20180404_165917Bring Tools. Whether you write in a notebook or type on a laptop, you don’t want to forget to bring them. I always bring pens and at least one highlighter, which helps me note important names, points in my notes or workshops in the program that I don’t want to forget or miss. I like to bring an envelope or pouch, which I find handy for storing receipts, business cards and other relevant materials. Of course, you can also take a photo of the receipts with your phone.

Don’t forget your power cords. I keep a second cord for each device in a small tote bag that I keep with my luggage. That way I’m not scrambling to find the cords. While more hotels are now offering mini docking stations with USB ports, too many still don’t so I bring a mini multi-prong adapter for the hotel room. I can plug in two devices and two USB cables and keep my mobiles, Fitbit and laptop charged. And, of course, don’t forget your business cards.

Choose Wisely. At most conferences, there are competing sessions. Take the time to review not only the topic, but also the presenter’s bio to ensure it aligns with what you want to hear. Look at all the sessions and events to make sure you’re attending sessions on a range of topics and skills. And if you are in a session that isn’t what you expected, it’s okay to pop out and go to a different one.

Make Connections (Ahead of Time). Conferences are a time to meet new people and to build on the relationships you already have. Don’t arrive at the conference and run around trying to meet as many people as you can and don’t stalk a speaker. Instead, reach out in advance and schedule a time to meet. I do this frequently when there is a speaker whom I’d like to interview. I email them in advance and we schedule a time and location for a brief conversation. It reduces stress and allows for a meaningful interaction. During conferences I try to never eat a meal with the same group of people. I want to reconnect with as many colleagues as possible.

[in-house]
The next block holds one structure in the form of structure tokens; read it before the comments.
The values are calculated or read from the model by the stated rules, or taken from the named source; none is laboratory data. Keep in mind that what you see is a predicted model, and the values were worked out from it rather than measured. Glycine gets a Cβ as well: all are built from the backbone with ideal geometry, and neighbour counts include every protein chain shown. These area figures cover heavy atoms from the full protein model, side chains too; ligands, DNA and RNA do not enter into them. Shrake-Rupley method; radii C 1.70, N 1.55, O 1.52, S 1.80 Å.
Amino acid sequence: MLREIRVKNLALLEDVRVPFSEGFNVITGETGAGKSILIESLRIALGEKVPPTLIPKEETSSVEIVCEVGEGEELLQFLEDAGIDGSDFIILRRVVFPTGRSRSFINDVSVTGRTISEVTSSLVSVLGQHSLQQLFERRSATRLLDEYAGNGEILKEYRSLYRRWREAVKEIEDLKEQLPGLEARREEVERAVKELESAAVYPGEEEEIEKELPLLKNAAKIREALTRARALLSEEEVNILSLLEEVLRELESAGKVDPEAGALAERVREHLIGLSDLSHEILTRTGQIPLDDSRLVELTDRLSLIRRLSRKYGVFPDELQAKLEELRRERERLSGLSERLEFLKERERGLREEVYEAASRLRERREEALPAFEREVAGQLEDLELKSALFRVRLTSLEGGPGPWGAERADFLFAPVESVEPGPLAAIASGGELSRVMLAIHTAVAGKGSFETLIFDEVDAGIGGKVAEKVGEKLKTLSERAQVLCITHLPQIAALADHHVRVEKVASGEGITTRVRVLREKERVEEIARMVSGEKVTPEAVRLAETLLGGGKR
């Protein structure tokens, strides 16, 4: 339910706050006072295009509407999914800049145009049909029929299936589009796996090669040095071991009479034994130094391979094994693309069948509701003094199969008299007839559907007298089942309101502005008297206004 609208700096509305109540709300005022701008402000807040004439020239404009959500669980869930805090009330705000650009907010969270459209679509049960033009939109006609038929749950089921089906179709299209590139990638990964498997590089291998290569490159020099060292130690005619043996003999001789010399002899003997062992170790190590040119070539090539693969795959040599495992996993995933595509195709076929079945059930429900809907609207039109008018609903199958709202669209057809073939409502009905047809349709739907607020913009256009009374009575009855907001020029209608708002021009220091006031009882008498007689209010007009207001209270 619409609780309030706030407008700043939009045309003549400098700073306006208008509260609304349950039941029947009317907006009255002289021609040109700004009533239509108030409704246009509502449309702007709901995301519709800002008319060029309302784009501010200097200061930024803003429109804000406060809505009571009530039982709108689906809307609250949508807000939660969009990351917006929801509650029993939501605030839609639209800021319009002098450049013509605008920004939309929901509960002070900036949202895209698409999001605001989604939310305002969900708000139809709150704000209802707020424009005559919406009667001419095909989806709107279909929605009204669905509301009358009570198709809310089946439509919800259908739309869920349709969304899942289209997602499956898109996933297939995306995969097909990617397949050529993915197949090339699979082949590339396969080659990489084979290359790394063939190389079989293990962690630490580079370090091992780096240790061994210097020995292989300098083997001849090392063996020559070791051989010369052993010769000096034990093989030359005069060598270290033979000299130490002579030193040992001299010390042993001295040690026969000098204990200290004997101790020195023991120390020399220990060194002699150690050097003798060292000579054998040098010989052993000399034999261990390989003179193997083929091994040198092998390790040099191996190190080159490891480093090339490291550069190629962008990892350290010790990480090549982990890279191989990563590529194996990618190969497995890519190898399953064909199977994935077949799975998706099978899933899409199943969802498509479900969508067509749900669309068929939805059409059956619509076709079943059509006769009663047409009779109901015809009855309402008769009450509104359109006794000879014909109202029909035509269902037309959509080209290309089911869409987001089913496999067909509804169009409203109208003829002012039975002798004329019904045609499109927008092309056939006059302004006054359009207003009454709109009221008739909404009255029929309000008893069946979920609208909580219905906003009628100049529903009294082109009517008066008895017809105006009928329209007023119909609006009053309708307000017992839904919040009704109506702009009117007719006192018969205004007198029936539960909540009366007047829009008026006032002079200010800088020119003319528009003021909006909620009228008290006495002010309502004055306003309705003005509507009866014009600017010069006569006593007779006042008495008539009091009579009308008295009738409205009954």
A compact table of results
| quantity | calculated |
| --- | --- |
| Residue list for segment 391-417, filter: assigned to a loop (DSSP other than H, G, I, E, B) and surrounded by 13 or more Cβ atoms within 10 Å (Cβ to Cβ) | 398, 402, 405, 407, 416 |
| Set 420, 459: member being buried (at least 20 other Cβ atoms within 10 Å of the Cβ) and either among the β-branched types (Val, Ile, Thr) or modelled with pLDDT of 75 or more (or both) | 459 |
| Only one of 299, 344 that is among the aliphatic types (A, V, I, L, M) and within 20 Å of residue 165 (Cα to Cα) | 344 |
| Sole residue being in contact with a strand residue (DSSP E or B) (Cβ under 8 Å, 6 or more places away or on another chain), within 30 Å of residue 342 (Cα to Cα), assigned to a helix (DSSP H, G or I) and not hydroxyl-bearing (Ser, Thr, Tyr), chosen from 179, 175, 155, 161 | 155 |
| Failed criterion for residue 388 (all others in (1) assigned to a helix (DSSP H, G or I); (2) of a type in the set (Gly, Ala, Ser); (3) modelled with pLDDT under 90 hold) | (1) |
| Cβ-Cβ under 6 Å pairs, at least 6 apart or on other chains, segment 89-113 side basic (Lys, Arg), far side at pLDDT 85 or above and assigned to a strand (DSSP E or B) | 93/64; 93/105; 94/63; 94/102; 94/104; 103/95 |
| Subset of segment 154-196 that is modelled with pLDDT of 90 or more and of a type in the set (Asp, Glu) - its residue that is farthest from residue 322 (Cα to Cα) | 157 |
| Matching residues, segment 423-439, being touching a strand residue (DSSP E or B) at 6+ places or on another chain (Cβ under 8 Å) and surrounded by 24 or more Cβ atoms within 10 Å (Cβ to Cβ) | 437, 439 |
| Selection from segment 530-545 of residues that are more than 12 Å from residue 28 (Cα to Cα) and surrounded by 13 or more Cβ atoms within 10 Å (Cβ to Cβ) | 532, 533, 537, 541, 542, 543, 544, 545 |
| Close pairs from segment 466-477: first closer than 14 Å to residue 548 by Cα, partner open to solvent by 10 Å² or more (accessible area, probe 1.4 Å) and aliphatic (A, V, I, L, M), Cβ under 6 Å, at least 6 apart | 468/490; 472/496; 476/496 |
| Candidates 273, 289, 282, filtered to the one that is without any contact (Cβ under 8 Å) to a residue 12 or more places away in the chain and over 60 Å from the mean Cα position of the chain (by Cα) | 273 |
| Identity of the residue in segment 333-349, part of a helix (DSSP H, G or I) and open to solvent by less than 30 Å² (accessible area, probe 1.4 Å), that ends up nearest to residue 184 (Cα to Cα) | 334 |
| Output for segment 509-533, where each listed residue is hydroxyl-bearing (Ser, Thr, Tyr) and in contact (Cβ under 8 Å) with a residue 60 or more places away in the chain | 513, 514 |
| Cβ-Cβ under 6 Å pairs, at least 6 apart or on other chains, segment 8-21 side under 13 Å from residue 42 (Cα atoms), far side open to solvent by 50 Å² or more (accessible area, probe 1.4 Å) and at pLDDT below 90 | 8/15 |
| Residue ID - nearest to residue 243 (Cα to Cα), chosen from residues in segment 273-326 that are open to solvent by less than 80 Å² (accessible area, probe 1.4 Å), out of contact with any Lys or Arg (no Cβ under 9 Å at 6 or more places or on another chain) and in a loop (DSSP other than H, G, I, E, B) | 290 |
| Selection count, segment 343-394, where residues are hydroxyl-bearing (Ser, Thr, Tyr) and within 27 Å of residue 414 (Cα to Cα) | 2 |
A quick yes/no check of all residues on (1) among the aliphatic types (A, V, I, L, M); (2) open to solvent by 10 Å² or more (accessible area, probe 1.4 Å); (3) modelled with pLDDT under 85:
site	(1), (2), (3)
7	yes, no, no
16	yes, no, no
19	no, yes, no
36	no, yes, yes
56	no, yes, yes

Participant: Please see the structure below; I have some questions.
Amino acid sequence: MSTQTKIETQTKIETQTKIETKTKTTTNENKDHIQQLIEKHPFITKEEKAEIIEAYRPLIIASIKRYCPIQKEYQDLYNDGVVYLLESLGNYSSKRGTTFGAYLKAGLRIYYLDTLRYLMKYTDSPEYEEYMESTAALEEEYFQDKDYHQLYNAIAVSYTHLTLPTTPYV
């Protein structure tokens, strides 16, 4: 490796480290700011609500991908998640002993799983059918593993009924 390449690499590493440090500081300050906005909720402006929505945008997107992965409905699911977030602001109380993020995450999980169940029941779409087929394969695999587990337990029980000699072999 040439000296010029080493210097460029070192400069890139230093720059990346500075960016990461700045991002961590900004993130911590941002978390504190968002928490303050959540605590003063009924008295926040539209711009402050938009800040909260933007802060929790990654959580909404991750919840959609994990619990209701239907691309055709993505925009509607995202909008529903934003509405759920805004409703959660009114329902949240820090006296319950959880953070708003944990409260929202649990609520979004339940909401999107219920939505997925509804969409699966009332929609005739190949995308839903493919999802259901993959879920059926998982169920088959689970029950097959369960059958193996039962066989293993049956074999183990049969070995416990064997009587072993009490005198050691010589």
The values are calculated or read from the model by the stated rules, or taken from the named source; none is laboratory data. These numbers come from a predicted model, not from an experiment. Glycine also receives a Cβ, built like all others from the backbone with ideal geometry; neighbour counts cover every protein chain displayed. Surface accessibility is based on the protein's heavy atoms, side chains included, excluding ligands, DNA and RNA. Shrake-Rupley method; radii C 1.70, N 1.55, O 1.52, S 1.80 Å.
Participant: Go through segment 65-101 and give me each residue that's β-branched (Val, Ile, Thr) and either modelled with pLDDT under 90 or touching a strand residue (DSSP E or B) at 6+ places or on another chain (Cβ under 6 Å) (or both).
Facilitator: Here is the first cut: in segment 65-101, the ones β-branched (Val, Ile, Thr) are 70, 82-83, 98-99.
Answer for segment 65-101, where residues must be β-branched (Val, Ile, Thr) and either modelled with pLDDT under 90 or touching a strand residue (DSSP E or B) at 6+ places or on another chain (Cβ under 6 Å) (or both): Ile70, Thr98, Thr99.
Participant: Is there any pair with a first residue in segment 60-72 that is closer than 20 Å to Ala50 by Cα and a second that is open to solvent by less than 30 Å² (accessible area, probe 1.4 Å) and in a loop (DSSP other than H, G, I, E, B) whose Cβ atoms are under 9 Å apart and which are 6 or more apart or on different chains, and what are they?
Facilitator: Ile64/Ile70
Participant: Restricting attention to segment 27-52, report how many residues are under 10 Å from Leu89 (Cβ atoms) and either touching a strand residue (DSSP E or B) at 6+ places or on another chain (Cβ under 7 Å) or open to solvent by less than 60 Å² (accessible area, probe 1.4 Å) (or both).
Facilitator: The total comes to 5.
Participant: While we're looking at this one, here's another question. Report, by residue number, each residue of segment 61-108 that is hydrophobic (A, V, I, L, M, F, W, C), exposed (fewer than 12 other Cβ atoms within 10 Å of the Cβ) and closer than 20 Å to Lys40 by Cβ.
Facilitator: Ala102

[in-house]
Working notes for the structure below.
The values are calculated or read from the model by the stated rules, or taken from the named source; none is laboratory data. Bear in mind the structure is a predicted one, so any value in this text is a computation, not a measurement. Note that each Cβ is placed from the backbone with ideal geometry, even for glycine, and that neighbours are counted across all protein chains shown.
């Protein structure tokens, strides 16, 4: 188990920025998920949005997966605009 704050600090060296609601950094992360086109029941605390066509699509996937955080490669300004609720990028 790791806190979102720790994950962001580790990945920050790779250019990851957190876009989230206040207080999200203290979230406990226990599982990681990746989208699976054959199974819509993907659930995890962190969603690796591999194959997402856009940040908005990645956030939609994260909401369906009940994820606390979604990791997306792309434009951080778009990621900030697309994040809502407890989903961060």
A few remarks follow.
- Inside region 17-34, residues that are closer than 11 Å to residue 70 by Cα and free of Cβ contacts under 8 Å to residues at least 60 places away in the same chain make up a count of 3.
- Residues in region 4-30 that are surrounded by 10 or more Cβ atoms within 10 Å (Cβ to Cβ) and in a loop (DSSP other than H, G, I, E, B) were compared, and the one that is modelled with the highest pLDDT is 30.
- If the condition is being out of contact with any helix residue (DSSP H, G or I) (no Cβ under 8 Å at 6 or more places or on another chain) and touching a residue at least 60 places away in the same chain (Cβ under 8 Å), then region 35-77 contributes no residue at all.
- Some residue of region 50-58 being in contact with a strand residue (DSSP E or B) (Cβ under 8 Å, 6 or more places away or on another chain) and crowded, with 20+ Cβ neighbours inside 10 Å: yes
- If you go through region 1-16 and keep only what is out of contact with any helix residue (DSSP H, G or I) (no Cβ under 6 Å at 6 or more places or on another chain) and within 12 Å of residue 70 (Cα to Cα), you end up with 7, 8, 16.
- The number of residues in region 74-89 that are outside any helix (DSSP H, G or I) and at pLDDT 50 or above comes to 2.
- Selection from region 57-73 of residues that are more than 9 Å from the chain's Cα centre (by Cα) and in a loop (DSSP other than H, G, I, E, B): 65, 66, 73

Digitally Engage. Follow the conference hashtag and make sure you’re tagging your tweets and Instagrams properly. You can monitor the hashtag throughout the conference to learn what others think about the speakers and topics. If a speaker mentions a resource, someone likely will tweet the resource and how to find it, which is always helpful. Social media also is a way to acknowledge great speakers, conference staff and hotel staff. Everyone enjoys a “Job well done!”

Digitally Disengage. I’ve already noted ways to digitally engage, but it’s also okay to disengage. You don’t need to stay on top of every email. Make time to put your smartphone away and introduce yourself to other attendees while you are waiting for a session to begin or during lunch. Sometimes we gain just as much from striking up a face-to-face conversation as we do from the workshops.